“The best way to win someone’s trust is to tell the truth; clearly, forcefully, directly” -Stan
An open letter to the residents of the Franklin, Hampshire and Worcester District regarding the proposed Kinder Morgan pipeline project:
July 30, 2014
The Kinder Morgan pipeline proposal that has dominated local media recently is just that – a proposal. Unfortunately, the energy crisis our Commonwealth will face in the coming years is real.
Over the past several months I have participated in many lengthy and thoughtful discussions with a range of energy experts from the private and public sectors, including senior members of environmental organizations and the Patrick administration, in an attempt to understand all of the proposals on the table, including the pipeline and transmission lines from Canada and Maine, and how they might or might not fit into our future energy needs. The goal of these ongoing discussions is to craft viable policies to help our Commonwealth create an energy future that utilizes green and renewable technologies and indigenous sources to the greatest extent possible.
I am an unabashed policy wonk. For those of you who know me personally, that should come as no surprise. One of the things that I have learned is that the state is likely in a position to prevent the Kinder Morgan pipeline from crossing publically-owned protected land in the event that the pipeline proposal is approved by the Federal Energy Regulatory Commission. All of the members of the Franklin County legislative delegation are united on this.
I don’t have complete answers yet. What I do know is that the situation is complex and fluid, and unless we take appropriate steps in the near term, especially as approximately 8,300 megawatts of power from fossil and nuclear sources will have gone off-line in the New England region in the next six years, representing approximately 25 percent of all our region’s electric power, our residents, our businesses, our schools, our hospitals, our Commonwealth, could see a tripling of energy costs in the foreseeable future. Experts agree that brownouts and blackouts at peak usage times are likely across our region if those approximately 8,300 megawatts are not replaced.
I issued a challenge to the energy experts I’ve been consulting: What do we need to do to be energy self-sufficient, meaning no pipelines, no transmission lines bringing hydro energy from Canada, no wind energy from Maine, utilizing only green and renewable technologies and indigenous sources, and conservation measures? What will it cost and how quickly can it be phased in to meet current and projected usage?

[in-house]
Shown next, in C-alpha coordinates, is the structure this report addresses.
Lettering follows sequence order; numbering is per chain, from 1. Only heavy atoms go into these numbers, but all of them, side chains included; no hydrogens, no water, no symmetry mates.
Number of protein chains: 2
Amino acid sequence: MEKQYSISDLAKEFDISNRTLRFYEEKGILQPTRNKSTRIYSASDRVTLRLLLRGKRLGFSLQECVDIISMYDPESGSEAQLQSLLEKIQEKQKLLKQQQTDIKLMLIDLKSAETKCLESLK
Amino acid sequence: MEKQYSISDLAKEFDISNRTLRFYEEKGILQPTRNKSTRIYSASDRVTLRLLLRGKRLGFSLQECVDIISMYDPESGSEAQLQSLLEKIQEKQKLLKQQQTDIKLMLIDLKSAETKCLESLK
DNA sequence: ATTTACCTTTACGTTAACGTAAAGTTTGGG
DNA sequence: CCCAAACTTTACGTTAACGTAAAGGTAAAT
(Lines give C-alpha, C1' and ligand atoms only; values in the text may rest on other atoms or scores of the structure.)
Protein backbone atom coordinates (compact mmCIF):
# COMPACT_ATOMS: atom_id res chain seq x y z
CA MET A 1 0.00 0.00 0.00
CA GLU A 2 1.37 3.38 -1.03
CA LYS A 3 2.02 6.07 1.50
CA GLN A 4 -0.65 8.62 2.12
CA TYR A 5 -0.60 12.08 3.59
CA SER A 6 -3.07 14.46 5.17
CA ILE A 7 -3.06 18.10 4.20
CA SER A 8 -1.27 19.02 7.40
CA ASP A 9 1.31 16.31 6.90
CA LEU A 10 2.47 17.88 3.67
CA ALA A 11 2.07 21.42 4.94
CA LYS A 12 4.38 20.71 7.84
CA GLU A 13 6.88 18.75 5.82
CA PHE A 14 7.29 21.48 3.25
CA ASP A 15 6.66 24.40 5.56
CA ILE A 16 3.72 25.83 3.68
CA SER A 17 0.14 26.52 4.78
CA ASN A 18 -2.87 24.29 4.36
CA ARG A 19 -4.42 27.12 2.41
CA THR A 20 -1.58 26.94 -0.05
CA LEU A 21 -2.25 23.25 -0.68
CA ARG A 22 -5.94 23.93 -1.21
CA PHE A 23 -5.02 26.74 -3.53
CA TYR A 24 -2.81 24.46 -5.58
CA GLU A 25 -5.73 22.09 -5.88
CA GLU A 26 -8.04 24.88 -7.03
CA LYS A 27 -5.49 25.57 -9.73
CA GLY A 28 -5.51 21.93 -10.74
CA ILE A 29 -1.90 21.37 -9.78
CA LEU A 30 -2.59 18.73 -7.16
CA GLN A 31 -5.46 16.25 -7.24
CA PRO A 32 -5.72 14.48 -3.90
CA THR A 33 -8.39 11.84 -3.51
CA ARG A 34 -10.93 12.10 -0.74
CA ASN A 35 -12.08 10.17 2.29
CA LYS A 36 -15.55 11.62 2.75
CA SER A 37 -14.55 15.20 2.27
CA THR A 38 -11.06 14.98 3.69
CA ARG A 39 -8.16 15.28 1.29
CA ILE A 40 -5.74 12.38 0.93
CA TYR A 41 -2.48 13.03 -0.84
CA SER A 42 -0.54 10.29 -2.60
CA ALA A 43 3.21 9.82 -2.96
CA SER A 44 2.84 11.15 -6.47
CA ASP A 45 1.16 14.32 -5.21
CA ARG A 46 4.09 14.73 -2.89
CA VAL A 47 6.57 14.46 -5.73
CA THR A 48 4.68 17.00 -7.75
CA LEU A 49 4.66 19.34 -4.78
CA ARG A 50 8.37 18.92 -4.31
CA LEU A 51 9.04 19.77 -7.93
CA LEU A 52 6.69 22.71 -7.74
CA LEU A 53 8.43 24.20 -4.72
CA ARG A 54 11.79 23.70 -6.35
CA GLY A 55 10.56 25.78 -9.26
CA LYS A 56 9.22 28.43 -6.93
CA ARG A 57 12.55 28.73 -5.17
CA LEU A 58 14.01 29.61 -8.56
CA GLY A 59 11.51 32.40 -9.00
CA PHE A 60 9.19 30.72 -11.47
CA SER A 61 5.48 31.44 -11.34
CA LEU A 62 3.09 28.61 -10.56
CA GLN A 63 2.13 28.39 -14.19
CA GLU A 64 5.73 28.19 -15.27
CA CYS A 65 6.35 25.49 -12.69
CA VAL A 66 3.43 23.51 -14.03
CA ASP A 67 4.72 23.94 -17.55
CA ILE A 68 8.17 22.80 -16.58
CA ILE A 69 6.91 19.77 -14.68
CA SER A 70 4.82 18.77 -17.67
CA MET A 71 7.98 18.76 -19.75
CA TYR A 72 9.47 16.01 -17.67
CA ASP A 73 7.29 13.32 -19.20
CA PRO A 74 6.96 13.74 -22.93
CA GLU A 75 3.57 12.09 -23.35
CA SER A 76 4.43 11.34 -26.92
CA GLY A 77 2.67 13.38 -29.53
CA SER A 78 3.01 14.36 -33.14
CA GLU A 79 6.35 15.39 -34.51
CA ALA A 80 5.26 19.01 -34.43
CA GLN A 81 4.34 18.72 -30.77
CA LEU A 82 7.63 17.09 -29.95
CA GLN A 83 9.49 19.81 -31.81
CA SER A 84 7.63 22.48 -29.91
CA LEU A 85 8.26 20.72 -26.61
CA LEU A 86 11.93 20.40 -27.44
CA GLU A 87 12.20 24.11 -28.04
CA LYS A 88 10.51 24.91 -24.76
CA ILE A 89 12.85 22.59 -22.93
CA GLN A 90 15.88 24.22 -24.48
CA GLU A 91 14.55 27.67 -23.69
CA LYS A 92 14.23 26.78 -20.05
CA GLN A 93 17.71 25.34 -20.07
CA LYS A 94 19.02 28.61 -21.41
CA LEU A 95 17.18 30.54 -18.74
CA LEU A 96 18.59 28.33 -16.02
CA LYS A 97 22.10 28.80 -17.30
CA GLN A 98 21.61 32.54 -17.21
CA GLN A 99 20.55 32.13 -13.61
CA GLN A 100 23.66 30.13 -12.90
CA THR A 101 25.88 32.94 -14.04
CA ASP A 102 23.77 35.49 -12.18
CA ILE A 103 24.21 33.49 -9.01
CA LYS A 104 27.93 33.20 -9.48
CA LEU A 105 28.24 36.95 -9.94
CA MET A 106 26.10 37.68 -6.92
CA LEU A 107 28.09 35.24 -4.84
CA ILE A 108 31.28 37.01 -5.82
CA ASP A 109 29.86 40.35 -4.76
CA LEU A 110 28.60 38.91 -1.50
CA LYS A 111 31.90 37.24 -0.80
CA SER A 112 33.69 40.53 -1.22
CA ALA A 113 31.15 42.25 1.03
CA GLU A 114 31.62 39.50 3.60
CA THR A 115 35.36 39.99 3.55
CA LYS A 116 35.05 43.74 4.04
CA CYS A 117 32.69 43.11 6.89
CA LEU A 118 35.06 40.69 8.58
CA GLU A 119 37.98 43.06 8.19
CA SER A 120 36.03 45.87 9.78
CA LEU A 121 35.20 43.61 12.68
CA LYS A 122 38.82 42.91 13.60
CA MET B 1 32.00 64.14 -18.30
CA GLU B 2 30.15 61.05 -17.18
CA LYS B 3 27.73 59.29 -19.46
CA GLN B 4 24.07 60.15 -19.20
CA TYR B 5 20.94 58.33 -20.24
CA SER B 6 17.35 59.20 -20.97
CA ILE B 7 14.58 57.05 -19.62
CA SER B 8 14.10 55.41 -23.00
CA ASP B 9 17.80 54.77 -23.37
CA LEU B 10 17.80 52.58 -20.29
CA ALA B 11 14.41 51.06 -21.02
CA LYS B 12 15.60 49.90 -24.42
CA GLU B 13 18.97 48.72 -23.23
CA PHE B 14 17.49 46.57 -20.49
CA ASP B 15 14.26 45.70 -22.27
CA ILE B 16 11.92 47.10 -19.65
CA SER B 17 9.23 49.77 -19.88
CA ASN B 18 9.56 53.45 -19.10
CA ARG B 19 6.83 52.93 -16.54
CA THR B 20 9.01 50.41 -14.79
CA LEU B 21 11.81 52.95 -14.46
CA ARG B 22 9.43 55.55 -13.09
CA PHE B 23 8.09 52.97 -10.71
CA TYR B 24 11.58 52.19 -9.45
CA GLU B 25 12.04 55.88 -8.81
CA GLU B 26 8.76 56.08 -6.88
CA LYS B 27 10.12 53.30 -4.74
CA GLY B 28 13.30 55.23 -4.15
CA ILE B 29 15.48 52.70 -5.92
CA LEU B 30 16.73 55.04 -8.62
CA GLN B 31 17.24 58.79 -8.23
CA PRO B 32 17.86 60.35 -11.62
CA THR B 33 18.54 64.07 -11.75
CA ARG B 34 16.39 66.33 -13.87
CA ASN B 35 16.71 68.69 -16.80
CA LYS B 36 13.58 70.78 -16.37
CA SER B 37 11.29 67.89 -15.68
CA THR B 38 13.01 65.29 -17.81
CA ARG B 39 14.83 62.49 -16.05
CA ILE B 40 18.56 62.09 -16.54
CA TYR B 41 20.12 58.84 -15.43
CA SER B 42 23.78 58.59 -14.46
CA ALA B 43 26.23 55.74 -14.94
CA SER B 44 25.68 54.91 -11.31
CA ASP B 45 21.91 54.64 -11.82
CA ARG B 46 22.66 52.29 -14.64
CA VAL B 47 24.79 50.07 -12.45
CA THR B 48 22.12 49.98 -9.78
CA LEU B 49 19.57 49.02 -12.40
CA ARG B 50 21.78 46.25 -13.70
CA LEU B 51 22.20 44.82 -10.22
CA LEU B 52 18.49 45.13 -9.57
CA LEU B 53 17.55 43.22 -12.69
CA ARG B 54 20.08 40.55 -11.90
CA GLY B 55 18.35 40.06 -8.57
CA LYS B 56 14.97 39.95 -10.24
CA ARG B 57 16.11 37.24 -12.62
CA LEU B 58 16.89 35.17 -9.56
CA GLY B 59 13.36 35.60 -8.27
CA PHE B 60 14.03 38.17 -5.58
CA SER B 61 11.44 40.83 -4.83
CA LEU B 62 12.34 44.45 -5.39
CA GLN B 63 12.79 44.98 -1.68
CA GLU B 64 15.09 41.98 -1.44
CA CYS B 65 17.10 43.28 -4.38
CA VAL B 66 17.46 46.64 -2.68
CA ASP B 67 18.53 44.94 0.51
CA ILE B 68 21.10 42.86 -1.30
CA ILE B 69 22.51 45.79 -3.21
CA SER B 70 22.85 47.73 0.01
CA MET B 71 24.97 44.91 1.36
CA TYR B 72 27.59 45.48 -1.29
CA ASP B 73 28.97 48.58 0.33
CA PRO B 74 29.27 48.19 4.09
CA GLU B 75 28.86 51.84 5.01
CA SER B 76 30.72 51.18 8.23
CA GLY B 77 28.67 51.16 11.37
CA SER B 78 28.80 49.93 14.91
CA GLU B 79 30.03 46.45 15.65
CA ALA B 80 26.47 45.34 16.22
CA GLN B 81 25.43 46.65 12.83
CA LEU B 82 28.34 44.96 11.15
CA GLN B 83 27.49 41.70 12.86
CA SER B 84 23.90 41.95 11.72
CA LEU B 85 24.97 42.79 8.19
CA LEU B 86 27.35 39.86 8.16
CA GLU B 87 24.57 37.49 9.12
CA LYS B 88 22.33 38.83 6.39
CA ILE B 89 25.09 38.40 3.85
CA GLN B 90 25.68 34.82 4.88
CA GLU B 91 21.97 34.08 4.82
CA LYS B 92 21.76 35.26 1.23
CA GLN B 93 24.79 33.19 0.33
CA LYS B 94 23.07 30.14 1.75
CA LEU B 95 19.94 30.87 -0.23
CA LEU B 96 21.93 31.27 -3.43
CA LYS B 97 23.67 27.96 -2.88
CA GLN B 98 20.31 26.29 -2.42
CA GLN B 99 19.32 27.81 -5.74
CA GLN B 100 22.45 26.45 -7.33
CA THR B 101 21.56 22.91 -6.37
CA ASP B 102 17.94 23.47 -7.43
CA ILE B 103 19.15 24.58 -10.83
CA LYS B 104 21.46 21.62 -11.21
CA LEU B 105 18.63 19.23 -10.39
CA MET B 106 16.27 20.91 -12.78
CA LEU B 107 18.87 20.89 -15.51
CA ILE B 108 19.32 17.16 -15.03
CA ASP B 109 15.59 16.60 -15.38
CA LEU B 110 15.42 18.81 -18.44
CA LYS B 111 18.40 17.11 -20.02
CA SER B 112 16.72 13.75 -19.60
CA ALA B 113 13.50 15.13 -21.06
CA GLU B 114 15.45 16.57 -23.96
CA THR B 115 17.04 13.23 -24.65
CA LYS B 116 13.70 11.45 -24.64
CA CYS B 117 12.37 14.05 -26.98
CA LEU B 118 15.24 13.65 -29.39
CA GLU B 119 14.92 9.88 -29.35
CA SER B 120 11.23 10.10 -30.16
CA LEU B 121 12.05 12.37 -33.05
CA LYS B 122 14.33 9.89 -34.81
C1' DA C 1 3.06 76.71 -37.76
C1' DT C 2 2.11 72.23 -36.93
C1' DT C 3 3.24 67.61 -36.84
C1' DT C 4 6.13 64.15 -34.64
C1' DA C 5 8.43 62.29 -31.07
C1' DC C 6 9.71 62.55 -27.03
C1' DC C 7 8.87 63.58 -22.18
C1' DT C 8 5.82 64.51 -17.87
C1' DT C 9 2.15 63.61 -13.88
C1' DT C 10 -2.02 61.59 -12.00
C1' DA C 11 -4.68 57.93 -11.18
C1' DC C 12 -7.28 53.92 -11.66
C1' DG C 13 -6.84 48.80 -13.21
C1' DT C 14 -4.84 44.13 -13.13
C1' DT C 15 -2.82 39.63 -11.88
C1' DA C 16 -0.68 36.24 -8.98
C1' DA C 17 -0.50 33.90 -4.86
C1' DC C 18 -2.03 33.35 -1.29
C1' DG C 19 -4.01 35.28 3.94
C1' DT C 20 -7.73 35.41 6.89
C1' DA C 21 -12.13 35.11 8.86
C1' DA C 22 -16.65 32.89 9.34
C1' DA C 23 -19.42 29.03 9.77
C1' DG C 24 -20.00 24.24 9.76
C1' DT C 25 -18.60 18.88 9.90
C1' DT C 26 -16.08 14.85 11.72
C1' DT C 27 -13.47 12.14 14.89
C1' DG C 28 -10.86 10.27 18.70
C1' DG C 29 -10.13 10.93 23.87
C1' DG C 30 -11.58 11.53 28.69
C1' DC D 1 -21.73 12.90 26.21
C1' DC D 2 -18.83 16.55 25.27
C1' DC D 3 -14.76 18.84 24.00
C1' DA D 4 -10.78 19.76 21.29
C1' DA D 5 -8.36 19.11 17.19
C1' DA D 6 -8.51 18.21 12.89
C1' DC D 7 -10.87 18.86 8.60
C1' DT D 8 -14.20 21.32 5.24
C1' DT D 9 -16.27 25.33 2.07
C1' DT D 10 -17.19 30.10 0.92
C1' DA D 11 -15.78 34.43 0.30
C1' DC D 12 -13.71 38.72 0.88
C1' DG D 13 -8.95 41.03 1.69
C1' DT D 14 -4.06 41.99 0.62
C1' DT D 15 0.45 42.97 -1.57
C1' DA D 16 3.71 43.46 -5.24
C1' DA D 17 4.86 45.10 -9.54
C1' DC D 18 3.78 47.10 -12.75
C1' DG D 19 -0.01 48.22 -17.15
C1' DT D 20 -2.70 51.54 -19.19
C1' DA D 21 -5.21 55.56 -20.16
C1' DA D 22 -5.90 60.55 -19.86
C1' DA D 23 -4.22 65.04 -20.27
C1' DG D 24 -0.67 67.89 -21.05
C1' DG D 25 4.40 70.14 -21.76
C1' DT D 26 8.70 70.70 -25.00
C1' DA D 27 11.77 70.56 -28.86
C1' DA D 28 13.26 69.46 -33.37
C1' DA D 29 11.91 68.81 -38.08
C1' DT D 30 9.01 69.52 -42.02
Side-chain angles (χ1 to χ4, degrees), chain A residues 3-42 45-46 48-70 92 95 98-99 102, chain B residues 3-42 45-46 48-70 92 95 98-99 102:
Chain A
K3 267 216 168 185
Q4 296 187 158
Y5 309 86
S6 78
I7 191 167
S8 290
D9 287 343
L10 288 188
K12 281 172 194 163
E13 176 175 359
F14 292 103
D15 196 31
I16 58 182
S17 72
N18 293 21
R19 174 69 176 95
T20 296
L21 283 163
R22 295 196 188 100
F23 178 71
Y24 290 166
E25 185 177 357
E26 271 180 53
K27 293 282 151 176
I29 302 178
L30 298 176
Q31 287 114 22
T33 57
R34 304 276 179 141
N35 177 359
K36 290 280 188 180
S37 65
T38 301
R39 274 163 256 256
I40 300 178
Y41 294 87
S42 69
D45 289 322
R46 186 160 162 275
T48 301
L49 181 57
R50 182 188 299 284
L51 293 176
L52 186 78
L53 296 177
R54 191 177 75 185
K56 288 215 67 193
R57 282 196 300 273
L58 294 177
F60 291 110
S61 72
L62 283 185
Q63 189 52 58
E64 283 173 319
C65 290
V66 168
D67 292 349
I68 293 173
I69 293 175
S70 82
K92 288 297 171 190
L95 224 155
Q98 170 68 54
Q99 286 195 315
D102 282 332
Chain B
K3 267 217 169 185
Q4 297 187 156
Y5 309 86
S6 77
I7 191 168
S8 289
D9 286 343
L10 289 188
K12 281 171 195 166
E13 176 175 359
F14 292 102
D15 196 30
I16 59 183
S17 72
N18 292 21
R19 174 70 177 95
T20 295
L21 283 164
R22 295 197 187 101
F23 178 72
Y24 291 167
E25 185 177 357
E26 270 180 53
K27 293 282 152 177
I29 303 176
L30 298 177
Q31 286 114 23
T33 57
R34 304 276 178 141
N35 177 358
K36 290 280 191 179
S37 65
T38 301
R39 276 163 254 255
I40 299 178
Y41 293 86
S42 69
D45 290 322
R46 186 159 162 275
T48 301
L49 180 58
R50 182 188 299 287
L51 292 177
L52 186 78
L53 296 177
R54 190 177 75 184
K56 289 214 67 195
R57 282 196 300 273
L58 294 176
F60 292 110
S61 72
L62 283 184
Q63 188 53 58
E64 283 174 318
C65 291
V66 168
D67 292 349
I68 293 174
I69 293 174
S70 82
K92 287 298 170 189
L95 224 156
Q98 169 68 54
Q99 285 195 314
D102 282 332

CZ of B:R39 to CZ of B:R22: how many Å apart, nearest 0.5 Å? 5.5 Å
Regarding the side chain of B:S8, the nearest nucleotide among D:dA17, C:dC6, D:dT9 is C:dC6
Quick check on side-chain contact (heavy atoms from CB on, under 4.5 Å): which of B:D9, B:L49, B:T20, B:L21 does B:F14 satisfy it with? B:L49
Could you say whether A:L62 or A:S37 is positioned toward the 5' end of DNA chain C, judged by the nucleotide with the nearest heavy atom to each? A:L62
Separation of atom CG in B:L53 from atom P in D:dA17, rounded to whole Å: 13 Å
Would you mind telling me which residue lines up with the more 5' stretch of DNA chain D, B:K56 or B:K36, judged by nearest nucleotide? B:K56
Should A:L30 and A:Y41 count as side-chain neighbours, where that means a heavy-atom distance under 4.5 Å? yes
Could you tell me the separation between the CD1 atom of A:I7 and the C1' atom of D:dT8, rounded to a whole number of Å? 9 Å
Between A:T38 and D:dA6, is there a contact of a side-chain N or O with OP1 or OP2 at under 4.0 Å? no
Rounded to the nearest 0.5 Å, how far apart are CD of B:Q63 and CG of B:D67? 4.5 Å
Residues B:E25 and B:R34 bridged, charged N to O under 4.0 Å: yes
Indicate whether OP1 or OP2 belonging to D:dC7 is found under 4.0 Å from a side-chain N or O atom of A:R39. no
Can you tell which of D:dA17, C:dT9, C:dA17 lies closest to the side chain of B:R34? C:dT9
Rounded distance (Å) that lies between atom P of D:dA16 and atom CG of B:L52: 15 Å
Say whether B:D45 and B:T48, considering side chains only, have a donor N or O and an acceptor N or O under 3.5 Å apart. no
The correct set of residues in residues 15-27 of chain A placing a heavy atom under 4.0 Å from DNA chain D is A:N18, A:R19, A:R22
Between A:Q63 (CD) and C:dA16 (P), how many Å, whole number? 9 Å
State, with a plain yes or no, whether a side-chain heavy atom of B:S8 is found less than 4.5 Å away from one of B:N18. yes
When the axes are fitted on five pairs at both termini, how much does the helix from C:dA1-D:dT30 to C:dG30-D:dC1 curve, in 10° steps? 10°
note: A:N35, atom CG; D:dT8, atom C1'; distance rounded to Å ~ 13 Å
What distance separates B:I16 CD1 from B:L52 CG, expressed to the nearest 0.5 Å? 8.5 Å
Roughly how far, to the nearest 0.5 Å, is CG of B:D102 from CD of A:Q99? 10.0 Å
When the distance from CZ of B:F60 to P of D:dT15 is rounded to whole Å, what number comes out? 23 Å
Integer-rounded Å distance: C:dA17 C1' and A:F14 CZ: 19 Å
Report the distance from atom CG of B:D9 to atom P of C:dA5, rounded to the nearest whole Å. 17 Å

As I said, I don’t have that information yet, but I will share it when I do, and I would like to enlist the commitment of all Massachusetts residents to do their part to make sure that we have the energy we need.
In the meantime, please know this: I do not want a pipeline running through some of the most beautiful areas of Franklin County. Nor do I want our residents and employers to pay exorbitant energy costs or face brownouts or blackouts because of our failure to act.
But saying “no” to a proposal we don’t want is not enough. We have to show that it is unnecessary.
I want the future to be powered by the greenest, most affordable, most sustainable energy possible. That’s what I’m working for.
State Senator Stan Rosenberg of Amherst, who is expected to become the next Senate president, said the Massachusetts economy is driven by innovation and the development of new technologies and approaches is creating more opportunities in manufacturing. "Our colleges and universities are working more and more closely with the private sector to ensure the curriculum is integrated into the work environment."
"It is an innovation state," said State Sen. Stanley Rosenberg, D-Amherst, expected to be the next state Senate president. Rosenberg said it is important that colleges and universities like UMass, as well as trade schools, align their courses of study with industry needs.
“He’s a person who is deeply concerned about the level of distrust in government that exists in the country, and to some degree in Massachusetts,” Whitehead said. “I think he will seek to conduct the business of the Senate in a way that will, over time, reduce whatever portion of that distrust may be focused on the state Senate.”
“Both Speaker DeLeo and I worked with Charlie Baker when he was secretary of administration and finance,” Rosenberg said. “We were able to reach across the aisle. We didn’t always agree, but we almost always found common ground upon which to build solutions.”